Hutong Cat | A scripted Communist congress, and two red banners of protest

Published on Oct 18, 2022 04:02 PM IST

The 20th CPC national congress is important but listless, interesting but, mostly, predictable — except for the composition of the top leadership — and political but somehow feels apolitical.

People watch a screen showing China's President Xi Jinping speaking during the opening session of the Chinese Communist Party's Congress in Shanghai. (AFP) PREMIUM
People watch a screen showing China's President Xi Jinping speaking during the opening session of the Chinese Communist Party's Congress in Shanghai. (AFP)

Xi Jinping is a man of many parts. Communist party’s general secretary, party’s core, chief of the powerful military commission and president. He is known to love his football, was once photographed having a pint of Greene King IPA, according to the Guardian, with British Prime Minister David Cameron, and is said to have liked, according to Prime Minister Narendra Modi, watching Aamir Khan’s Dangal, which was a monster hit in China.

Xi is even a Game of Thrones fan, and, according to the Hong Kong-based South China Morning Post (SCMP), mentioned the show at a meeting with foreign visitors in Beijing in April 2019.

Citing a person who was at the meeting, the Post had reported Xi as saying: “We must all make sure the world we live in does not descend into the chaotic warring seven kingdoms of Westeros”. For the billion fans of the series, that’s an endorsement.

All said and done, Xi is also a killjoy.

The Chinese leader, as it turns out, has no sense of the noir either.

Thanks to his power and influence — which is expanding faster than we can say Mao Zedong — all the political intrigue and machinations that are said to take place behind the ornate but opaque corridors of power in China ahead of key meetings ushering in generational changes within the Communist party have been relegated to even more obscurity this time around. As if nothing happens during all the backroom negotiations.

The 20th Communist Party of China (CPC) national congress is important but listless, interesting but, mostly, predictable — except for the composition of the top leadership — and political but somehow feels apolitical.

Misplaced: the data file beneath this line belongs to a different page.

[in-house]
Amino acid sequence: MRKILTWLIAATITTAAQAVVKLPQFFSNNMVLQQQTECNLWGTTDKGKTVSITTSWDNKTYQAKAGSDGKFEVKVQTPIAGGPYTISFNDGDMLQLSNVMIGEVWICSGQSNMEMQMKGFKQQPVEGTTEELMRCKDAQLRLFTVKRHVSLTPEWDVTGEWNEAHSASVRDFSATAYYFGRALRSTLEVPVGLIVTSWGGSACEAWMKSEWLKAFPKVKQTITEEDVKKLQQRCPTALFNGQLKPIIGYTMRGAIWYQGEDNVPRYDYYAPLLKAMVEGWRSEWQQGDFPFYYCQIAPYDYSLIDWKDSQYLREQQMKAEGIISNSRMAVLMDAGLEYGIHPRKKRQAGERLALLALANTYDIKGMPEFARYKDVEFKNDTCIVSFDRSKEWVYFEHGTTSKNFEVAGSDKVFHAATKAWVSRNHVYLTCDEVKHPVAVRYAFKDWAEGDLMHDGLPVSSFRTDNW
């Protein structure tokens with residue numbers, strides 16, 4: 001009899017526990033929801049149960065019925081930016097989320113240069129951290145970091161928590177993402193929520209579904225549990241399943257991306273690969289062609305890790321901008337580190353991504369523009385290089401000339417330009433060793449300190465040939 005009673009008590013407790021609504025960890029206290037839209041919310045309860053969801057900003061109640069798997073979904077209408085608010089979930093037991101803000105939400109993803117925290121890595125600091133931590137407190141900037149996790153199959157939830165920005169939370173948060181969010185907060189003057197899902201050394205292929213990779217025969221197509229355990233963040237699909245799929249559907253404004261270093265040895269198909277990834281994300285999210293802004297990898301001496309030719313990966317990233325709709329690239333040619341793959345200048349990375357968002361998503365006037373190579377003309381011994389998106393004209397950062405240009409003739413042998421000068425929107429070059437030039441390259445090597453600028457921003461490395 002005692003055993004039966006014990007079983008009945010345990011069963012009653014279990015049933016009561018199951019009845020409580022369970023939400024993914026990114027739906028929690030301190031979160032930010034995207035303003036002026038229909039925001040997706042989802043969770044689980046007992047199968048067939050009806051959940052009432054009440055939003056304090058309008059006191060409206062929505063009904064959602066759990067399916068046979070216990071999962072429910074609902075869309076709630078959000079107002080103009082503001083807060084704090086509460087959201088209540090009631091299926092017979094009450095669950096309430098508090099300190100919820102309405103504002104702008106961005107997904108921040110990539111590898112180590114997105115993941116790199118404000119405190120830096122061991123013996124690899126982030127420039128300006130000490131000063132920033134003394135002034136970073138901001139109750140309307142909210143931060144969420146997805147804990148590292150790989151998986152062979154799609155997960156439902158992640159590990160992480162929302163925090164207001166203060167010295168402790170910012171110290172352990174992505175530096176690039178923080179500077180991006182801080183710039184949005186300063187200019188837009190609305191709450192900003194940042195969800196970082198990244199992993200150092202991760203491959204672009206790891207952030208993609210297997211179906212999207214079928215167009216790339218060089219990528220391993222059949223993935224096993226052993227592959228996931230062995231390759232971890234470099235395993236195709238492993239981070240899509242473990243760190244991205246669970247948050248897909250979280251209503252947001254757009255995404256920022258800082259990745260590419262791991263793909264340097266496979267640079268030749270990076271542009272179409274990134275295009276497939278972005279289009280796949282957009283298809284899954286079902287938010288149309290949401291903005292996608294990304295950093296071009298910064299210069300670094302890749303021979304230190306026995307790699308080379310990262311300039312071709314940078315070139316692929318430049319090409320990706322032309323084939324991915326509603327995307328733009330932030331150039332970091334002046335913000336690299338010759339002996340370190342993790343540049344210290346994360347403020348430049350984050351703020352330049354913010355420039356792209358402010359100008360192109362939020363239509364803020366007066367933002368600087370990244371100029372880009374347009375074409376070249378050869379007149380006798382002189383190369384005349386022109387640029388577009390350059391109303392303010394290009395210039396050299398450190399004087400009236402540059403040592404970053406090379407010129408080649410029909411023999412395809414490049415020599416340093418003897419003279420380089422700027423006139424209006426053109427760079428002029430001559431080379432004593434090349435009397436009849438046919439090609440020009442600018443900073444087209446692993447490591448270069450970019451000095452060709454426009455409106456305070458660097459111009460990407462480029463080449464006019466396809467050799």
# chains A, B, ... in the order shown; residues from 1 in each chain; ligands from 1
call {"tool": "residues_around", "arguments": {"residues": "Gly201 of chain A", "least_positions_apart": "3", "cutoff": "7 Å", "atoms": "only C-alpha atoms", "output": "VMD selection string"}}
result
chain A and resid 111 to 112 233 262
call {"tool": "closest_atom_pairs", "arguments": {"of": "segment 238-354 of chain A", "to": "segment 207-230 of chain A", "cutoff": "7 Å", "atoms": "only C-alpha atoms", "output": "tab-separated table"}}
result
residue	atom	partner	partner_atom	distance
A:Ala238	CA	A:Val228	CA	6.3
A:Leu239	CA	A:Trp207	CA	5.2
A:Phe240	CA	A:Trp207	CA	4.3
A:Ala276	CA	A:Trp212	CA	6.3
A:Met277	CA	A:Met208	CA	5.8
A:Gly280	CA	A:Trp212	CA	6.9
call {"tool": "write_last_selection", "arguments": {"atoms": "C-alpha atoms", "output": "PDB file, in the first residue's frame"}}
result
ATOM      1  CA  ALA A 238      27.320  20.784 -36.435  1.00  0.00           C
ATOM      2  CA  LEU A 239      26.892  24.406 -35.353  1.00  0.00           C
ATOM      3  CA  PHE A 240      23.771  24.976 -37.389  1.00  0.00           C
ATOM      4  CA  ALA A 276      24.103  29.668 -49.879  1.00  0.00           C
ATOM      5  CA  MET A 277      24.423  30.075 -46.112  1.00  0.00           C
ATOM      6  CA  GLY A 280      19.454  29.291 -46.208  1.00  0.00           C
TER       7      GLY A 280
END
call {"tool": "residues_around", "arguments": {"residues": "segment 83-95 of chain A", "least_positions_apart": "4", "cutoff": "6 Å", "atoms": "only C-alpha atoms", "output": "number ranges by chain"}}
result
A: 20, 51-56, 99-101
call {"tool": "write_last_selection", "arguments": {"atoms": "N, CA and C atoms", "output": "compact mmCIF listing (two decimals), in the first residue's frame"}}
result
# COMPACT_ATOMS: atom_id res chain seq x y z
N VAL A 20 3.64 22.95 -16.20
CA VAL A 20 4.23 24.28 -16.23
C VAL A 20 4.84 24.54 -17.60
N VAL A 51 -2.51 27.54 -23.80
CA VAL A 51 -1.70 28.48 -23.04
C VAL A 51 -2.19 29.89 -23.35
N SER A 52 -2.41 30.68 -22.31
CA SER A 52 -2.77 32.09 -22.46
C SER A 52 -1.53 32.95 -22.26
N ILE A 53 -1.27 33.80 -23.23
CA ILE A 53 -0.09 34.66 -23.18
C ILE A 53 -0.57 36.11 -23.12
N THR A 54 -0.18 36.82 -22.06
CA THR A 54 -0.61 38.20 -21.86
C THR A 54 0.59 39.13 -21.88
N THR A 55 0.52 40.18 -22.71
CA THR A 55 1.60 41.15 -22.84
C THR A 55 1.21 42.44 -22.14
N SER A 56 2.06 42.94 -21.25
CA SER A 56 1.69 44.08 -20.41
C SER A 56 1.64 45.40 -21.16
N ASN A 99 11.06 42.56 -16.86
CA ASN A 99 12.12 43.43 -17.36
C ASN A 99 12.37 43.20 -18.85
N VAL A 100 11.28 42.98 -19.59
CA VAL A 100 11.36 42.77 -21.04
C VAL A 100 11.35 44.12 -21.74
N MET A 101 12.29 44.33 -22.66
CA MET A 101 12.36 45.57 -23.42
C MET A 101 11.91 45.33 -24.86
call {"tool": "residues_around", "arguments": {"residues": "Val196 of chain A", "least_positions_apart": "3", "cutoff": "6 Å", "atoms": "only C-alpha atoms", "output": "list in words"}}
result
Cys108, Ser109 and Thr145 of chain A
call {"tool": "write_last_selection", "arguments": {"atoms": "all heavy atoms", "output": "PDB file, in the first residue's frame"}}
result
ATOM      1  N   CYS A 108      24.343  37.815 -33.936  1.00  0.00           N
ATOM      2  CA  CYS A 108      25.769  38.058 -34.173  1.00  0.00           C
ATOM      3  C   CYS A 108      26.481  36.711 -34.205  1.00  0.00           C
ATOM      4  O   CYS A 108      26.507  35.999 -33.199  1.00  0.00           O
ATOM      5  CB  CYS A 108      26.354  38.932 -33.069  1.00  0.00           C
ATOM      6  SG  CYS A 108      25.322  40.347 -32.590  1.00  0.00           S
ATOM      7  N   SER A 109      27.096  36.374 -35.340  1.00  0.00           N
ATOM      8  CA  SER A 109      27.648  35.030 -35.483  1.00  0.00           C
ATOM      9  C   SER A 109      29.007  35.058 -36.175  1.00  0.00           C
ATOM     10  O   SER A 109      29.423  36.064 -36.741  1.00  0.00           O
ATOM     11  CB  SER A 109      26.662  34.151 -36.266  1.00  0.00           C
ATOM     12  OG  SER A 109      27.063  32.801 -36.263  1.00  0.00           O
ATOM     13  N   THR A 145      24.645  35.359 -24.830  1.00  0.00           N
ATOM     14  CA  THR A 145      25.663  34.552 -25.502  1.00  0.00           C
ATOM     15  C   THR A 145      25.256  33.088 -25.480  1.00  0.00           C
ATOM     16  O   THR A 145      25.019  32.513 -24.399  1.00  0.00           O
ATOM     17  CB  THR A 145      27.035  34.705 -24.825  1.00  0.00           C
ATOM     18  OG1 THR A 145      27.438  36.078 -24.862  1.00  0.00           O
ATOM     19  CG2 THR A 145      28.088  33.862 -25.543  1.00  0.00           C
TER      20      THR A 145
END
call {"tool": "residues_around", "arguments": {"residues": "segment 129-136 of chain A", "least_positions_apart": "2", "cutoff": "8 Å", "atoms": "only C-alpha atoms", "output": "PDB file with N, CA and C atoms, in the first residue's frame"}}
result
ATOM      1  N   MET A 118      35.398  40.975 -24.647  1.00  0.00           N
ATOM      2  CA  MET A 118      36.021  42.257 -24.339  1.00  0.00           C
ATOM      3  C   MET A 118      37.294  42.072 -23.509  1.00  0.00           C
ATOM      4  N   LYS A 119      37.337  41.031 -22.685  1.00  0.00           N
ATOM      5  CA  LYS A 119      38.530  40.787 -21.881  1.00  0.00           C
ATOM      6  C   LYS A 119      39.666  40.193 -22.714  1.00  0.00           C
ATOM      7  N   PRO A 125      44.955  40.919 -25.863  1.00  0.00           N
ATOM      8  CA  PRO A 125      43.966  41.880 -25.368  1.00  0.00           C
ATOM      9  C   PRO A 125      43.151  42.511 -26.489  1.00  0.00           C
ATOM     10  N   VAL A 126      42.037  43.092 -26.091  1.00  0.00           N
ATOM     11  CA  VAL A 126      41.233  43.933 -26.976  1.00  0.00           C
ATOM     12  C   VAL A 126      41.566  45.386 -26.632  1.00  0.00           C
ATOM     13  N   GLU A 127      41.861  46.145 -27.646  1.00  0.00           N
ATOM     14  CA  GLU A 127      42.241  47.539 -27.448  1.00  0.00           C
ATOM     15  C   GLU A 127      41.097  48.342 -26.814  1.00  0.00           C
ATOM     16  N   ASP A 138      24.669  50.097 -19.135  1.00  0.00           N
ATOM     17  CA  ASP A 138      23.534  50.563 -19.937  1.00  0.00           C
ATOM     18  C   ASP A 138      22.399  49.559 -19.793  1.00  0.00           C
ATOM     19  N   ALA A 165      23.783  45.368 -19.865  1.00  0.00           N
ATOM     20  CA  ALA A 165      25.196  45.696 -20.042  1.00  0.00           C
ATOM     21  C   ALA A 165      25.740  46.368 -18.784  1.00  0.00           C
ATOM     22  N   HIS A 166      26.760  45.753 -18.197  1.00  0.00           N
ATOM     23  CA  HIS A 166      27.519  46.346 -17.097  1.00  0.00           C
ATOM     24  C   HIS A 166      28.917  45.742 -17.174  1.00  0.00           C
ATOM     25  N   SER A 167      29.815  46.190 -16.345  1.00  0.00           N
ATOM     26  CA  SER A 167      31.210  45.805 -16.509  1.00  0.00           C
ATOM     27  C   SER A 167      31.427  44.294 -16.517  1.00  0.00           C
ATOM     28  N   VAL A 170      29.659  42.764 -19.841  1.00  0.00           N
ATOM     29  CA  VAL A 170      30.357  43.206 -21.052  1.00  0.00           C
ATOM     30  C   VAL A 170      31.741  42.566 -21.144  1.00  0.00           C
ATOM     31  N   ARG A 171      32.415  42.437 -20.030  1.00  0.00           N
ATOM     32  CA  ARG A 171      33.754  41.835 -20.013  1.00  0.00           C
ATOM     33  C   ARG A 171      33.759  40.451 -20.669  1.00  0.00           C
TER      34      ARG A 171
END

Perhaps because it is a one-party show.

So much so, rumours of instability and a military coup ahead of the — now ongoing — national congress had to be fanned from the outside, but came to nought in some 24 hours in late September.

Zeyi Yang who covers China’s and east Asia’s technology for MIT Technology Review explained the coup story.

“Several separate analyses of Twitter activities on the #ChinaCoup hashtag found that starting September 24, a large number of Indian Twitter accounts picked up the report (English translation of the coup story in Chinese) and spread it far and wide,” Zeng wrote.

The rumours fed on actual events, like the sentencing of former senior security officials, the cancellation of flights possibly because of Covid-19 restrictions, and Xi not appearing in public after returning from the Shanghai Cooperation Summit in Uzbekistan.

In the end, the rumours fizzled.

“The fact that a completely unsubstantiated rumor, one that basically happens every other month in Chinese Twitter circles, could grow so big and have tricked so many people is both funny and depressing,” Zeng wrote.

Depressing, indeed.

From what it seems like, the next few months from the end of the congress in October until March when Xi will assume his third presidency, it will be more of the depressing same: Xi will return as the general secretary and resume his presidency in March. In between, he will attend the G20 summit, China will continue with its “zero-Covid” policy with a few tweaks to the policy and life will go on. Routine.